The same-day grocery delivery business has been incredibly difficult to perfect. Several businesses have tried, and nearly all have failed – certainly none have been able to gain mainstream success in the American market, let alone the rest of the world.
Amazon is attempting to recapture the potential in this market through its relatively new venture, Amazon Fresh, which is starting in New York this week.
According to Re/Code, the service is starting out in one neighbourhood and then will expand elsewhere, although specific plans haven’t been detailed yet. Amazon Fresh already operates in other cities including Seattle, Los Angeles and San Francisco.
Grocery delivery is simply an extension of the logistics problems facing all businesses – and one that has been given a significant amount of attention and investment, at least in Australia. The creation of parcel lockers through Australia Post and other third-parties is a symptom of this issue, and overflowing parcel centres have been well-documented.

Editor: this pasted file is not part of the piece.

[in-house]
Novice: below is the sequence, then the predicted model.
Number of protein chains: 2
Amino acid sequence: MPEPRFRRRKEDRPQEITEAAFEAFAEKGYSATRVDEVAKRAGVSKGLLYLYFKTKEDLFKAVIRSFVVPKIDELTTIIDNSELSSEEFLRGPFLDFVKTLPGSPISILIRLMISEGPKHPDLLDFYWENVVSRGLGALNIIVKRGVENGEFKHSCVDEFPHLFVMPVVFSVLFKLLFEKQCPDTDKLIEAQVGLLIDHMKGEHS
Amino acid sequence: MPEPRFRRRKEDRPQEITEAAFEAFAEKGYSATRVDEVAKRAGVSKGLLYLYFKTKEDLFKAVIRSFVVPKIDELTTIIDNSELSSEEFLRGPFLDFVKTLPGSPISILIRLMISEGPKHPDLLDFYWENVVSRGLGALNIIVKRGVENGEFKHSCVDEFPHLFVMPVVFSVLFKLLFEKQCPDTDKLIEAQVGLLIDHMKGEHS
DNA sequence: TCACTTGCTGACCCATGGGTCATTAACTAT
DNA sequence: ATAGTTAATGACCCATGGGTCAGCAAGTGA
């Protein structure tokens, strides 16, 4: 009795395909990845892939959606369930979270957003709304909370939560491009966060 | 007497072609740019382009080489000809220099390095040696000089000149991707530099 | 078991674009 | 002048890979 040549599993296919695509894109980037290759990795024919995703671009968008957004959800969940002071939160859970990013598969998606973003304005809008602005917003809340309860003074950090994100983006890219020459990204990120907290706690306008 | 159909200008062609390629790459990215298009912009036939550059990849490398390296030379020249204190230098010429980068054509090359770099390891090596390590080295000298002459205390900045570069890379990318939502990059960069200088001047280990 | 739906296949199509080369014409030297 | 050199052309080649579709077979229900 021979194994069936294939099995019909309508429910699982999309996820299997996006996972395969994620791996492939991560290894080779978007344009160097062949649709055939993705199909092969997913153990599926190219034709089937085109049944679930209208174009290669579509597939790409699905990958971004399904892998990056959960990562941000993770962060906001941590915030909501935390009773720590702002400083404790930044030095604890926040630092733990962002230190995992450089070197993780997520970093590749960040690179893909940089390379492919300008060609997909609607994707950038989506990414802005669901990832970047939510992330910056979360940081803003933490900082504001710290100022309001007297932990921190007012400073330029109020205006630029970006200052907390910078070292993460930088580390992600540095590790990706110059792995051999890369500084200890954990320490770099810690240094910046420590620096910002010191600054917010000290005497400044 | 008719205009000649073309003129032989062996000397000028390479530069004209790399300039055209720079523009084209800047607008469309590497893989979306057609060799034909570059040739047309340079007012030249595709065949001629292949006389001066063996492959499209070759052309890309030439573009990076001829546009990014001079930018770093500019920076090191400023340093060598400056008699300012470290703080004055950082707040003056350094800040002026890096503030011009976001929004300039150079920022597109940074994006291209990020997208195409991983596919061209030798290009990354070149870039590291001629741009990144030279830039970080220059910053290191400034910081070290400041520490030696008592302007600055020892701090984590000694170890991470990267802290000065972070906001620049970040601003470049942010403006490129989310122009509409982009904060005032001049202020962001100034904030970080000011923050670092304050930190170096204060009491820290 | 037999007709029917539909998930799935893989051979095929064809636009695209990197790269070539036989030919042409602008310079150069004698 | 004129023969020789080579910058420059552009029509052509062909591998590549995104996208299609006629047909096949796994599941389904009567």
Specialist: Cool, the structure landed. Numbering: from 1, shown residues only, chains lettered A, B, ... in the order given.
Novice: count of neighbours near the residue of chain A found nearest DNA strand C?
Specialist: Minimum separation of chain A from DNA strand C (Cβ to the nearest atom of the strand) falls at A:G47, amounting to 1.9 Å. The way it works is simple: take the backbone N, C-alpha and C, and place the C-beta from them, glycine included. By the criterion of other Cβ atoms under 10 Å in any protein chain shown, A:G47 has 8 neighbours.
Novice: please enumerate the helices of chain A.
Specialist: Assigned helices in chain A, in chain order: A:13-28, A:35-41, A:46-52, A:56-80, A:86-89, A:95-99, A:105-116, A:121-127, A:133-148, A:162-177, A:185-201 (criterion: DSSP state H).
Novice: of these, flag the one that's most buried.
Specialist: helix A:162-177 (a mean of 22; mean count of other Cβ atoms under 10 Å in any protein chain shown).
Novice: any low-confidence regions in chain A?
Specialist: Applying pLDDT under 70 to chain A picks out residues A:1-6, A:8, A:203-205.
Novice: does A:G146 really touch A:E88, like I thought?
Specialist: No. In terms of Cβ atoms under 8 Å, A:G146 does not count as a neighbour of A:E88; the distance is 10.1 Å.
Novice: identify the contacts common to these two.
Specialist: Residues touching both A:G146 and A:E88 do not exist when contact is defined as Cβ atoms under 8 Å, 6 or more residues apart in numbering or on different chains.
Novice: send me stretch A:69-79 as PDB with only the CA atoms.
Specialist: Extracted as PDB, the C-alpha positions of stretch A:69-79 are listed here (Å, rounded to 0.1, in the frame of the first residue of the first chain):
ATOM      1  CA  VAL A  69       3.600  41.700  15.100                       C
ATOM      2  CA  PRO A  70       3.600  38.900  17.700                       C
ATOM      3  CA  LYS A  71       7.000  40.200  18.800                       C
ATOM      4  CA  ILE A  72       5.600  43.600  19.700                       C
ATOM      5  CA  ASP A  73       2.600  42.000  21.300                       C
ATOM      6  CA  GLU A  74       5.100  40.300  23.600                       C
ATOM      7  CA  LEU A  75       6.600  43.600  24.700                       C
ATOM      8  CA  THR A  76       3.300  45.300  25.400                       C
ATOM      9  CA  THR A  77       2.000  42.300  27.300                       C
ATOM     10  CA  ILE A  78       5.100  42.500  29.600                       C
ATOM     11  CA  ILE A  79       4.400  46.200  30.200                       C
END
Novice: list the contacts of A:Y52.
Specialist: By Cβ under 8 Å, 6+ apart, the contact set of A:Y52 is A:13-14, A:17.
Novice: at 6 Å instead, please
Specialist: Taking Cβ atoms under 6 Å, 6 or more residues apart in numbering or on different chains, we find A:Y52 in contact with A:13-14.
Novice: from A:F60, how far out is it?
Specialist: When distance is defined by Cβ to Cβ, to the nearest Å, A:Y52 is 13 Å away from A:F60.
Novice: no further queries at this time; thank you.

In the United States, Amazon isn’t the only business to have expanded into same-day delivery – eBay has done the same with its courier business, eBay Now, which has also expanded into multiple cities.
As this piece on The Verge points out, the main problem limiting these businesses is geography, which obviously limits scale. Services such as those offered by delivery businesses, including smaller efforts such as Postmates and Zipments, may not make it to rural areas as quickly as residents in those areas would hope.
FreshDirect, another delivery business, has made a name for itself in New York, providing Amazon with immediate competition.
Groceries are an even more challenging prospect, given the limited amount of time with which they can be delivered. Amazon is hoping to get around this with using local warehouses, along with partnerships with local restaurants.
What should be expected of the new wave of grocery businesses, then? Are they due for the same fate as the early businesses, which suffered from a lack of scalability – alongside a collective disinterest in tech-based companies? Or has the Silicon Valley resurgence in logistics technology allowed delivery businesses to flourish?
The answer, as always, is likely somewhere in middle. The past decade since the dot-com boom has allowed Amazon and eBay to grow to massive scale, allowing the introduction of such services as a loss leader. The growth of same-day delivery will no doubt expand to other products. For smaller businesses, however, the challenge will be in matching the logistics and warehousing capabilities of larger retailers – a challenge that, given the huge advances in the relevant tech, may not be as difficult as it seems. The same-day delivery market looks set to have more entrants for some time to come.